The Rise and Fall of the Chat Show

In the late 1950’s a ‘chat’ show appeared called Face to Face – it ran for just 35 episodes ending in 1962.  The format was incredibly simple.  John Freeman, an ex-politician, sat in an armchair (his face hidden) opposite a celebrity of the day (also seated in a 1950’s type comfy armchair) and interviewed said famous person whilst the camera focused exclusively on the Star’s face.  No eye distracting scenery, no colour (black and white TV), no other guests, no ‘look at me’ type jokes or banter from Freeman the host.  A pure, unadulterated talk show.  In some cases the process resembled an excruciating job interview, or rose to the levels of a counselling session (or descended to that level – depends on your view of that popular pastime known as ‘navel-gazing.’)

This was powerful stuff, demanding that you focused entirely on what was being said.  It could be, in turns, mesmerising, uncomfortable and difficult to watch.  One of the best examples of this more serious type of ‘chat’ show (the 50’s went with ‘personal interview programme’) was the episode featuring Tony Hancock.  In it Hancock, a brilliant comic, was clearly trying to ‘come over’ as a quasi-intellectual, as someone trying to better himself, acutely aware of his lower class roots and non-existent formal education, when talking to the very posh and well educated Freeman (who died just over a year ago I was astonished to discover at the age of 99)  outliving poor old Hancock by 46 years. Many people, at the time, thought that Hancock’s experience on Face to Face in 1960 led to the self-critical introspection and obsession with all things psychobabblic that eventually killed him (that and the drink.)

In the clip below Hancock is clearly on edge – your average 2016 GP would be throwing the happy pills straight at him, based on Hancock’s facial contortions and frequent nervous but luminous smile.  Hancock visibly relaxes when he sticks a cigarette in his constantly twitching mouth (for a second there turning into his TV alter ego) but you can see that the personal, probing questions asked by Freeman are not disappearing like water off a duck’s back, the insecure Hancock is clearly taking it all on board, although he curiously seems to welcome the intrusive questioning.  It’s fascinating how he mentions, almost in passing, that his dad died when he was just 11 years old and that his brother was killed in the war – enough sadness to send anyone to the brink.   It’s not difficult to picture Hancock going home after this public grilling to mull it all over, doing himself, and his alcoholism, no favours at all.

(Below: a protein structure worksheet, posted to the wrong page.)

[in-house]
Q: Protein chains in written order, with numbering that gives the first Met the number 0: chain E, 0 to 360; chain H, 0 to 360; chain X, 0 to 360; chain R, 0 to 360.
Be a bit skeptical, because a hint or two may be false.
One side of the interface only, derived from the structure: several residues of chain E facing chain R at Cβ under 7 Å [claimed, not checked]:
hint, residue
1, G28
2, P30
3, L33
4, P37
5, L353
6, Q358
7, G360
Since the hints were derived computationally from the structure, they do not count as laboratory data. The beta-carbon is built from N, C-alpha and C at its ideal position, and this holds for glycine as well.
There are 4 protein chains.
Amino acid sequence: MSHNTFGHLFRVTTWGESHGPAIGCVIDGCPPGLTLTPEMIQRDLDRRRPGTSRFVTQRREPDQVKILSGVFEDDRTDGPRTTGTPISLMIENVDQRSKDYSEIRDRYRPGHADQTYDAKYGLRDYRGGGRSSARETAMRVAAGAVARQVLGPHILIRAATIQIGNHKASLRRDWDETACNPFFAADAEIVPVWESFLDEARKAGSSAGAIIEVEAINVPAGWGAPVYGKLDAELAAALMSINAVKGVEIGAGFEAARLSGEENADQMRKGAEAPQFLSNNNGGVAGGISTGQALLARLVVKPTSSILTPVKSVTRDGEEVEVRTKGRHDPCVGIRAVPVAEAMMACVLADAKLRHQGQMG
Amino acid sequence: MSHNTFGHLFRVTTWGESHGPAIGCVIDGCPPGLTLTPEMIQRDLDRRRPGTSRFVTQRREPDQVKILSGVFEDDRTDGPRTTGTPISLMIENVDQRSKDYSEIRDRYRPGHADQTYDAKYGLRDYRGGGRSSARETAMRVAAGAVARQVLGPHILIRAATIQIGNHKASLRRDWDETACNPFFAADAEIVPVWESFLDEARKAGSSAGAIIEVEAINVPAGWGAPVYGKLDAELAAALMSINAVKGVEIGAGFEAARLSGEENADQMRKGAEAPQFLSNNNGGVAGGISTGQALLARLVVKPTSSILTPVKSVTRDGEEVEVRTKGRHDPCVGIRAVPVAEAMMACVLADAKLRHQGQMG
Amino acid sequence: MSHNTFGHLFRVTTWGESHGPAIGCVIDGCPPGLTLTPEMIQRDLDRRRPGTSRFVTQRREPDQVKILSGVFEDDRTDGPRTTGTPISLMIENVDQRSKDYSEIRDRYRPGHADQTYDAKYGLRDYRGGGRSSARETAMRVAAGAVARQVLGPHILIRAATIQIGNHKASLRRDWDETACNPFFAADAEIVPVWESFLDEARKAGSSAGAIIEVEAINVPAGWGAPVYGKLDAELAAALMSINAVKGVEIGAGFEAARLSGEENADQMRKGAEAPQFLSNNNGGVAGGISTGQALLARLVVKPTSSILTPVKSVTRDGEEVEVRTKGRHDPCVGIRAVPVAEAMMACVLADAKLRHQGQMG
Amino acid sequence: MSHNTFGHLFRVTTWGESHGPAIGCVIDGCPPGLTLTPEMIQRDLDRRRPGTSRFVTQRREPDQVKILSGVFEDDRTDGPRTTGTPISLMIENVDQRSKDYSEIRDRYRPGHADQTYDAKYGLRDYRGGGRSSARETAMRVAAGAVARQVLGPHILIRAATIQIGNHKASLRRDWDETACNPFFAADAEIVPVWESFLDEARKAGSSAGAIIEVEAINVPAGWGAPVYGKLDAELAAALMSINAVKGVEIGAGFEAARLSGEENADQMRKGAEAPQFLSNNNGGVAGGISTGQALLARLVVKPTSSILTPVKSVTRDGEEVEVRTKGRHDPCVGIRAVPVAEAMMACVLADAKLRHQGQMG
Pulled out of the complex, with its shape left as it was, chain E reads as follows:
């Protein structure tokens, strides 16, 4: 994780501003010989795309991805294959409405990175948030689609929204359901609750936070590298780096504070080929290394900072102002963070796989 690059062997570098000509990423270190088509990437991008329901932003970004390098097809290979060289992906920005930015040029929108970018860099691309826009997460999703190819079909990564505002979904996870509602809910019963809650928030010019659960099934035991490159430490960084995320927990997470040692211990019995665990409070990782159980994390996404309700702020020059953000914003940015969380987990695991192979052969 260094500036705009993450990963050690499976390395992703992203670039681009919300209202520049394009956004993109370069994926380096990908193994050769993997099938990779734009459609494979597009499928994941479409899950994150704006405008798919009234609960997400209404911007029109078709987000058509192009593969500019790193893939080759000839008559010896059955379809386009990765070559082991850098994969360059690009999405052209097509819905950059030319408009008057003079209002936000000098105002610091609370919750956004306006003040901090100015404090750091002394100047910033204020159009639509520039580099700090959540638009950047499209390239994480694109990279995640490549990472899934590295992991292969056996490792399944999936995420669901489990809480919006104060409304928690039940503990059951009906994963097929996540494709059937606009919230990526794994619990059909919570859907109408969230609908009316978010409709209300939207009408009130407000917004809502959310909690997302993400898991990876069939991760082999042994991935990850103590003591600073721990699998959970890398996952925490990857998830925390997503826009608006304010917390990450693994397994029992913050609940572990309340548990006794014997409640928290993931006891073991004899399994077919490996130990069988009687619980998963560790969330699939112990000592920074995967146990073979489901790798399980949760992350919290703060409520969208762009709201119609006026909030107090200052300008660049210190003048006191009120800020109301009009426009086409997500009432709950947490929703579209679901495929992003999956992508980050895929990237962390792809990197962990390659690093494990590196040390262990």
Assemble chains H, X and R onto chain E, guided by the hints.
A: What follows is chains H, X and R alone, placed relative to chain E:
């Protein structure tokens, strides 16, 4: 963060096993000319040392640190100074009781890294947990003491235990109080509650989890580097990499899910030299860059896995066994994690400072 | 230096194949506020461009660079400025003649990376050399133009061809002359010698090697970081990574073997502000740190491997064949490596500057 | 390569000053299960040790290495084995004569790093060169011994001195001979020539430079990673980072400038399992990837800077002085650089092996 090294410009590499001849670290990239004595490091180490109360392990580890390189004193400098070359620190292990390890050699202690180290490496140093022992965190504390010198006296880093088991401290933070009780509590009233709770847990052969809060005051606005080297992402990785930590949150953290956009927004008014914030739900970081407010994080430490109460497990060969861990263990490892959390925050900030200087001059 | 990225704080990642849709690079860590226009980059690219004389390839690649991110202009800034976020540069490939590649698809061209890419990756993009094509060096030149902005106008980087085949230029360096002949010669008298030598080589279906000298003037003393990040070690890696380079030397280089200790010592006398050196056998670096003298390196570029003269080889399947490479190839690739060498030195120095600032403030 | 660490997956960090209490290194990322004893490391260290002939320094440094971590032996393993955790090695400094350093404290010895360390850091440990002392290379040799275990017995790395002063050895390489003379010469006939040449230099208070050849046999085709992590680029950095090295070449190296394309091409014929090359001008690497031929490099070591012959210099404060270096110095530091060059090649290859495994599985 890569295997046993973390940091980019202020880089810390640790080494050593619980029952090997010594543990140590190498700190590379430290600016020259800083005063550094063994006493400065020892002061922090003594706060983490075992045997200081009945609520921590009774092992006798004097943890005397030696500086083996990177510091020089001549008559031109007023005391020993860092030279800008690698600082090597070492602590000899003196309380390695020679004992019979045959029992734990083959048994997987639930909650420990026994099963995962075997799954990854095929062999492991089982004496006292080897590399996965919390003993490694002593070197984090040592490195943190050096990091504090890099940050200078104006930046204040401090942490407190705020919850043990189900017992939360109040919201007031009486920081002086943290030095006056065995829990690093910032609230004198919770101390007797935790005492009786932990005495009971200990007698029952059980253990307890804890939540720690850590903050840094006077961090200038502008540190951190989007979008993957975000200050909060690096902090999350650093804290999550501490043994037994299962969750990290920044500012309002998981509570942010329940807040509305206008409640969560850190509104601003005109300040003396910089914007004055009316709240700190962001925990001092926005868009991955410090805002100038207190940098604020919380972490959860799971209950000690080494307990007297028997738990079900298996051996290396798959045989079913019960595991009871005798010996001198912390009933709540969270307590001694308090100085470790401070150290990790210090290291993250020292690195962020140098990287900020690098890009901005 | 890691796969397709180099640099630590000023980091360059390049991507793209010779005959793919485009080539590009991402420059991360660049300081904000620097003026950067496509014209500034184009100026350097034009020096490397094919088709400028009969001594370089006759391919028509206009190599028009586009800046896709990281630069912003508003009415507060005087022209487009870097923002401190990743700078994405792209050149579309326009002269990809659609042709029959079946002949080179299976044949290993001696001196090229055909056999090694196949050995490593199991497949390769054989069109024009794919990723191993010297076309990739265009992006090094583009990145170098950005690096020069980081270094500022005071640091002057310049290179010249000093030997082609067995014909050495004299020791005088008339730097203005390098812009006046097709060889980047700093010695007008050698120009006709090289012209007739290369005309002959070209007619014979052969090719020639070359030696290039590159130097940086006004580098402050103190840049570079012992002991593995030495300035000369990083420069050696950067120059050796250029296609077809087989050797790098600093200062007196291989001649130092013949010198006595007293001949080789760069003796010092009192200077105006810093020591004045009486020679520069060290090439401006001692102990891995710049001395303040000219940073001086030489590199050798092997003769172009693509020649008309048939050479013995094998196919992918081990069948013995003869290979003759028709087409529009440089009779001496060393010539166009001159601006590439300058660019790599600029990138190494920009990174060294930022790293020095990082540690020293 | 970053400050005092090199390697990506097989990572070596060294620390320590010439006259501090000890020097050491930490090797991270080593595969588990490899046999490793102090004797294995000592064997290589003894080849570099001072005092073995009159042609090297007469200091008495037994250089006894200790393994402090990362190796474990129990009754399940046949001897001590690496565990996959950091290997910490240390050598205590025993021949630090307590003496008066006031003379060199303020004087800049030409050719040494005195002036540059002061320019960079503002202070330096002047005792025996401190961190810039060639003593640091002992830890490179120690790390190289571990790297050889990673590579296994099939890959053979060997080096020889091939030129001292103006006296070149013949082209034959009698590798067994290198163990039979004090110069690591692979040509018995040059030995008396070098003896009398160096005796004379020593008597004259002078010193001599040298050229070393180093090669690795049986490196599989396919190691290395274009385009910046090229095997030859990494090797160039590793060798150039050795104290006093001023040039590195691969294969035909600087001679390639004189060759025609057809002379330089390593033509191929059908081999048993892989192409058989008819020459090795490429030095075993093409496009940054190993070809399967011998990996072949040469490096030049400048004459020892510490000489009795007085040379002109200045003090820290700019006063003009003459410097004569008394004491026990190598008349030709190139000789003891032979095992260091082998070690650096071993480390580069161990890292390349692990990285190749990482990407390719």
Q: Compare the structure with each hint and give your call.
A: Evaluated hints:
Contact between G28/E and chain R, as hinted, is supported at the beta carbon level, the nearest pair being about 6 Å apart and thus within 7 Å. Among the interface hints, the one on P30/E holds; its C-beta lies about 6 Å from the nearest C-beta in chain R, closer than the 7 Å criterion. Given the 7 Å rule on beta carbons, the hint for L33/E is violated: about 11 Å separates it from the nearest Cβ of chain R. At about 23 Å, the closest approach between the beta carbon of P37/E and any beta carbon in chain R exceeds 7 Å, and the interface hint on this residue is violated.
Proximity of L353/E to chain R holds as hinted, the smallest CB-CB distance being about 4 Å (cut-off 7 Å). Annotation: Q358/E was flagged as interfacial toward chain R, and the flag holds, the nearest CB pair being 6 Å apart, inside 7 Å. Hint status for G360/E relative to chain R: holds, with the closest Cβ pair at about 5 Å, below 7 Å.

This interview seems startlingly real and, oddly, more open and honest than anything put out in today’s, supposedly, no subject is barred as long as it counts as entertainment – telly watching climate.

On into the 1970’s and the chat show peaked, becoming more an entertainment show in its own right; losing the sombre, deeply psychological and personal vibe of Face to Face but retaining the intelligence and the focus on the interviewee rather than the interviewer.  Michael Parkinson is the name that comes to most everyone’s mind from this period.  Lauded as the epitome of a chat show host, Parkinson banged on about being from up north, flirted with all the women and supposedly got the best interviews on the planet by means of uttering a few simple umms and ahhs, letting the guest witter on without interruption.  His was a kind of working class continuation of Freeman’s posher, minimalist interviewing style but with music thrown in and more guests filling more chairs.  The 70’s was also the era when the chat show host began to attain the same kind of fame as the starry guests, the host’s character traits and appearance becoming an important ingredient in its success.